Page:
• Yarlington & Kensa Heat Pumps

Case Study: Yarlington Housing Association

 

Retrofit Project of the Year 2013, H&V News Awards

 

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Kensa were approached by the social housing provider Yarlington Housing Group in late 2012 to undertake a retrofit project involving 200 of their housing stock.

The project remit was to upgrade the heating systems on properties with the most vulnerable residents, installing new Kensa Compact ground source heat pumps to provide an efficient and economical means of heating and hot water, whilst reducing the carbon emissions of the stock.

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Replacing night storage heaters, the Kensa Compact is capable of handling all space heating and hot water needs. Each serves a new low temperature radiator-based heat distribution system and a new hot water cylinder equipped with an over-sized heat transfer coil to enhance efficiency. Each heat pump is connected to a 70-100m borehole drilled in the front garden of the property. A trench links the borehole to a Kensa Compact heat pump installed within a bespoke external enclosure made of recycled plastic, located on the front elevation.
Recognising the scope of the project Kensa offered a holistic turnkey solution that addressed Yarlington’s needs and secured the financial viability of the project through DECC RHPP support and CERT grants obtained through Kensa’s relationship with Scottish & Southern Energy, leading to the UKs largest GSHP retrofit programme. Uniquely, as a manufacturer of heat pumps, Kensa also offered a contracting service to provide complete peace-of-mind and single point accountability.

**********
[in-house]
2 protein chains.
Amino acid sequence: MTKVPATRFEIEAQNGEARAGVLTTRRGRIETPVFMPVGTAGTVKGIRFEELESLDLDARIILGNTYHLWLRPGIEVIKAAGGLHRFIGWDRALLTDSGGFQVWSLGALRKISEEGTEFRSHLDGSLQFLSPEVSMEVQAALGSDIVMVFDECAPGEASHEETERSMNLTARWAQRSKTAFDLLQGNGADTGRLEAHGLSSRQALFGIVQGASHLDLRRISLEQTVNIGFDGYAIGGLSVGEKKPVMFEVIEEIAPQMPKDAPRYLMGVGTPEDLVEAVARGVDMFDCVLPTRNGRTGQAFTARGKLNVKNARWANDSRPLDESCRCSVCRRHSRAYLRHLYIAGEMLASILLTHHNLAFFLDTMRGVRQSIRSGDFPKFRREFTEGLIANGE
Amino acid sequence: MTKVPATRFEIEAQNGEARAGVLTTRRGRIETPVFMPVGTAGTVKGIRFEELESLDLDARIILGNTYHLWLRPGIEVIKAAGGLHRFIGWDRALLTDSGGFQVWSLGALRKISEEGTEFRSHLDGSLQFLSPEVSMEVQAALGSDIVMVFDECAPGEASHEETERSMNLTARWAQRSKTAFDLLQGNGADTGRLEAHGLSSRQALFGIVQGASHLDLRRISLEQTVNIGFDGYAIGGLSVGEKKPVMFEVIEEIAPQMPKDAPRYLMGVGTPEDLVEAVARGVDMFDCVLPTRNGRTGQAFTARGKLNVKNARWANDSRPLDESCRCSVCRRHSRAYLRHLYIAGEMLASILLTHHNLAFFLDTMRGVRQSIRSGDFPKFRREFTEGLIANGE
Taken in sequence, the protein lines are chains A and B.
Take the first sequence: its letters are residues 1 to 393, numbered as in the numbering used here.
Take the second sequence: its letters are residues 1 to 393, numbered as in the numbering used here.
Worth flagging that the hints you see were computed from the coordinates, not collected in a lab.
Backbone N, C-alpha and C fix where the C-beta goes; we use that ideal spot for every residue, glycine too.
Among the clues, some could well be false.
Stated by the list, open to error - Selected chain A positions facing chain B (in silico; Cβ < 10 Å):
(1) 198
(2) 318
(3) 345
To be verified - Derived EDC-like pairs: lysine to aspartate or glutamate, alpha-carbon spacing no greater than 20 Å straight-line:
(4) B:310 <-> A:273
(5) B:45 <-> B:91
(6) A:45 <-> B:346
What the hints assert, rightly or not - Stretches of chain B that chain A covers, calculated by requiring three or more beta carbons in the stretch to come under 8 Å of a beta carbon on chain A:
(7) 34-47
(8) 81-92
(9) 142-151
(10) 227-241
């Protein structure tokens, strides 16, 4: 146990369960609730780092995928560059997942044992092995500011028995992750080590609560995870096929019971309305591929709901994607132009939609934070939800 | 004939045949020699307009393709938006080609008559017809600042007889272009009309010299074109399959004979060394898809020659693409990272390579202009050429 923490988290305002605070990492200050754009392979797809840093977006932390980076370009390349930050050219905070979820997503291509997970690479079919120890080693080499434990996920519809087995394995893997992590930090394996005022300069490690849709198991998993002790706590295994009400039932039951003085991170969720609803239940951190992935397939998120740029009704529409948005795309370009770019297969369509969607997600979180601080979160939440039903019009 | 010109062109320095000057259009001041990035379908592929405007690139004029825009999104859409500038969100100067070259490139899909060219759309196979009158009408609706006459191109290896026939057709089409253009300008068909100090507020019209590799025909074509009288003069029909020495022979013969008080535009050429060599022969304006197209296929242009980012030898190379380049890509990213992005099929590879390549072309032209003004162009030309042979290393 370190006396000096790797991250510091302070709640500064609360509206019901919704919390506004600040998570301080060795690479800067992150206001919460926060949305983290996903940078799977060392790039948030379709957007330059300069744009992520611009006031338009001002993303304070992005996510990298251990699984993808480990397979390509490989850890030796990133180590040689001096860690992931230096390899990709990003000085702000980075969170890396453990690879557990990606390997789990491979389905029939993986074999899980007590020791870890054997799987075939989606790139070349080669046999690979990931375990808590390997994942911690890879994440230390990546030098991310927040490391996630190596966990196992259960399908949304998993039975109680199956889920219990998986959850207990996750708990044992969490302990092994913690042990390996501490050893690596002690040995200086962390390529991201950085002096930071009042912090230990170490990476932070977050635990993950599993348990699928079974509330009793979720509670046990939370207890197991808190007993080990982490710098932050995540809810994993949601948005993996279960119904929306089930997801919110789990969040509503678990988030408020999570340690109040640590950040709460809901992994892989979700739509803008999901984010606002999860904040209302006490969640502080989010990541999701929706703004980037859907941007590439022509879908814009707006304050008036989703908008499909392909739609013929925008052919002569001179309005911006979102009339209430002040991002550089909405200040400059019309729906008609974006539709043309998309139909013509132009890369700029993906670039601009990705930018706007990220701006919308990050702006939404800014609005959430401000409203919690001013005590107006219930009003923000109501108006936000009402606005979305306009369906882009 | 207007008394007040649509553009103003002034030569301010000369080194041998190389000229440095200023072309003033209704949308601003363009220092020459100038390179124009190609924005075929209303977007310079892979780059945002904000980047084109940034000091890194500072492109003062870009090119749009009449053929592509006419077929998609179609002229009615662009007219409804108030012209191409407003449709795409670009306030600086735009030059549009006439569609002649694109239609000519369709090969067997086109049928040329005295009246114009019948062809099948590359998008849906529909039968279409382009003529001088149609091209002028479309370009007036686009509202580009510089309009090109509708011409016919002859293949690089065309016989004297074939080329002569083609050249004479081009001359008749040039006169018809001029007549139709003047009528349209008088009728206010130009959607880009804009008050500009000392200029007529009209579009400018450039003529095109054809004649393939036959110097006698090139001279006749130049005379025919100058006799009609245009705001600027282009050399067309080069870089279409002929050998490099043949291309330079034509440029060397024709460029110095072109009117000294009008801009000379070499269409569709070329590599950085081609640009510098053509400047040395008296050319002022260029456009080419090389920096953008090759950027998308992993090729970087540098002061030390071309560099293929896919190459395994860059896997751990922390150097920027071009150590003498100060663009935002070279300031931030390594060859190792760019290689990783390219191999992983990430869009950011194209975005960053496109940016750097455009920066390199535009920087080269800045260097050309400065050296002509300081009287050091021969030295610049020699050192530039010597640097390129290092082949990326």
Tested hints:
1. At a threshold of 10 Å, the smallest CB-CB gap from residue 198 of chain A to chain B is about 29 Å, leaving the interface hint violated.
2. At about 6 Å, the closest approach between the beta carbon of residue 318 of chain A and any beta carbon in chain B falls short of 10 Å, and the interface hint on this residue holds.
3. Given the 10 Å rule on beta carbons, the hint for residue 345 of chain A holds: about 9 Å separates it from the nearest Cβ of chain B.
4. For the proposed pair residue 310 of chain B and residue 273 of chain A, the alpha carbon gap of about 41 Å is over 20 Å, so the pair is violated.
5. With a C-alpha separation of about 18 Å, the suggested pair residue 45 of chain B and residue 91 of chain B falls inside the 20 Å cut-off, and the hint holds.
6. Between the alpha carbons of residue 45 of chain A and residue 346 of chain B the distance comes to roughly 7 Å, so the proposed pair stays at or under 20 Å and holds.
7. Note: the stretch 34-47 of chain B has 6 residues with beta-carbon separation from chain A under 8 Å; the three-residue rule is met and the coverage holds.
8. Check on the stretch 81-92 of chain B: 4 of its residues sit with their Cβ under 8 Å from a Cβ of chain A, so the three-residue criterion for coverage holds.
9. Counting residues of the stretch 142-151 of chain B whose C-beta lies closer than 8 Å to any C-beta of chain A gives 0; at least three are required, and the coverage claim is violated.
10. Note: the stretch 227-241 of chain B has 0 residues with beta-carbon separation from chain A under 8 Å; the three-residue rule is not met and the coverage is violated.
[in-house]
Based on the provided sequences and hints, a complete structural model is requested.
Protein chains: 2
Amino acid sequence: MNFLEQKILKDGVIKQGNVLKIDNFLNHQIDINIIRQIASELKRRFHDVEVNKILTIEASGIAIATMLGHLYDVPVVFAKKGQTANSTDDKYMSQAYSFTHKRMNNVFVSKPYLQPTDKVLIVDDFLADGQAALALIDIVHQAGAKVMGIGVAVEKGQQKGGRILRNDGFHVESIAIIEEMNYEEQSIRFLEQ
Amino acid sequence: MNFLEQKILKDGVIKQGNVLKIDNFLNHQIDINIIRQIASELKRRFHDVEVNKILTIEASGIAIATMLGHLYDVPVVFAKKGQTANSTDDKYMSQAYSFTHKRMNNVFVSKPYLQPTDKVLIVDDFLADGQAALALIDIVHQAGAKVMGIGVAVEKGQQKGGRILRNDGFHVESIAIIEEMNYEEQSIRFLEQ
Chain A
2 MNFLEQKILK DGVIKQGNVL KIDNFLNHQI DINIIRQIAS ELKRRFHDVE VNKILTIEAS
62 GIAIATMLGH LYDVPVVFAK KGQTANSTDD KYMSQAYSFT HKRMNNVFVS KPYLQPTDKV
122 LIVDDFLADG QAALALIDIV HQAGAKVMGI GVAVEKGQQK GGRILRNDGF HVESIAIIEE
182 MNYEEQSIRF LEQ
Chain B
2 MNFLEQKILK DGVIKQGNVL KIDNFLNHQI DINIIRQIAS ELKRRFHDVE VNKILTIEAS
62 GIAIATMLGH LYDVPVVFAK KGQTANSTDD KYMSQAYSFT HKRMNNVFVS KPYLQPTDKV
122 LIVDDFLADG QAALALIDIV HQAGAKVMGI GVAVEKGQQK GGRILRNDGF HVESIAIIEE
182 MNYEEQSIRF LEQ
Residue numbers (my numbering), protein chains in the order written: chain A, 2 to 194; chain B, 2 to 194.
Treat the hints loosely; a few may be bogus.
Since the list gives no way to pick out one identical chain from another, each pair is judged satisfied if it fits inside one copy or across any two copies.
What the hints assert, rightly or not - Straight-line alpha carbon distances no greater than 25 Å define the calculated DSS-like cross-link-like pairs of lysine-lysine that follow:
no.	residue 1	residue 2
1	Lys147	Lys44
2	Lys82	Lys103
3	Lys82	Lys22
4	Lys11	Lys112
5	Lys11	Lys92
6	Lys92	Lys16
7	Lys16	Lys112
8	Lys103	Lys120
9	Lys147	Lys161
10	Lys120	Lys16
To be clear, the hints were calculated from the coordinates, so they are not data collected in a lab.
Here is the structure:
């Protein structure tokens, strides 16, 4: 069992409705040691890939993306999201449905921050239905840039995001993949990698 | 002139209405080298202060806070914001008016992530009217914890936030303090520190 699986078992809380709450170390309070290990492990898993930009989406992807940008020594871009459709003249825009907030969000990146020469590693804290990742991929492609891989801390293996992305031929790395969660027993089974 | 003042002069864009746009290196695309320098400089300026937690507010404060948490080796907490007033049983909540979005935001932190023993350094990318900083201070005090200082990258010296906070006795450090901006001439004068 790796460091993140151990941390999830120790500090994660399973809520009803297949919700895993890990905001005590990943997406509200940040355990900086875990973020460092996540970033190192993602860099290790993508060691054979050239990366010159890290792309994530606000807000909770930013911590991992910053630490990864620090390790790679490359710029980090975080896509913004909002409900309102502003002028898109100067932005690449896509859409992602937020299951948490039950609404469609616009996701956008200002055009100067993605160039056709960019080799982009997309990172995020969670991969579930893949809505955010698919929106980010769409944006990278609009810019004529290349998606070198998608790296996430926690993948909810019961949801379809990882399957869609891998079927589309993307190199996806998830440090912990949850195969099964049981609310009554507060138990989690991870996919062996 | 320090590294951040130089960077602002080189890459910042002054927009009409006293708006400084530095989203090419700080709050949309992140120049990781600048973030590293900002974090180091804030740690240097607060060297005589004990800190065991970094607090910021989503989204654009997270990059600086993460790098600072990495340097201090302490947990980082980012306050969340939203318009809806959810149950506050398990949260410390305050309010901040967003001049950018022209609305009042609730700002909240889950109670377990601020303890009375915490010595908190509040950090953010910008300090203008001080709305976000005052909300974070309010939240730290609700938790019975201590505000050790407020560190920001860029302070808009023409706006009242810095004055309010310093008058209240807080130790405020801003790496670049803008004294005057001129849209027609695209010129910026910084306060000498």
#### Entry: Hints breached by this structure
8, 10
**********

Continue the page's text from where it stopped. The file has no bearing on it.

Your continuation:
Funding criteria meant the project fulfilment was compressed into three months, which demanded exceptional project management and co-operation between Yarlington and Kensa.
The predicted SPF for the ground source heat pumps is 325%. Whilst the heat pumps have been designed to assume significant hot water usage, it is likely that the resident profile means actual consumption will be more modest. As a consequence, the return temperature from the borehole may be higher than anticipated which will enhance the system efficiency. Of course, as direct electric heating is being displaced, carbon emissions and running costs will be reduced by around 65%. The actual amount of carbon emitted will, obviously, reduce in the future as the electricity grid features an increasing element of clean energy.

Savings resulting from the ground source heat pump retrofit project:

Post CodeProperty TypeDate of meter installDate of last meter readingCumulative heat pump meter reading kW/hrsCumulative heat pump cost at assumed COP of 2.8 Tariff £0.15Assumed cumulative NSH kW/hrsEquivalent assumed cumulative Night Storage Heaters cost at £0.10Assumed saving compared to NSH
TA11 7NP1 Bed ET Bungalow09/07/201319/05/2014
1682
£252
4,710
£471
46.43%
BA22 8QF2 Bed ET Bungalow10/07/201319/05/2014
2096
£314
5,869
£587
46.43%
TA18 8NP1 Bed ET Bungalow13/08/201319/05/2014
3269
£490
9,153
£915
46.43%
BA22 7NR
1 Bed MT Bungalow16/07/201319/05/2014
2154
£323
6,031
£603
46.43%
TA10 9RY
1 Bed SD Bungalow09/07/201319/05/2014
1906
£286
5,337
£534
46.43%
BA22 8NE
2 Bed SD Bungalow10/07/201319/05/20141601£2404,483£44846.43%
BA7 7HP1 Bed MT Bungalow16/07/201319/05/2014
1159
£174
3,245
£325
46.43%

Figures correct as of 19th May 2014.

Key Facts

  • Retrofit social housing
  • 3.5kW, 4.3kW, 6.2kW Kensa Compacts
  • Space heating and hot water
  • Individual boreholes
  • Displacing direct electric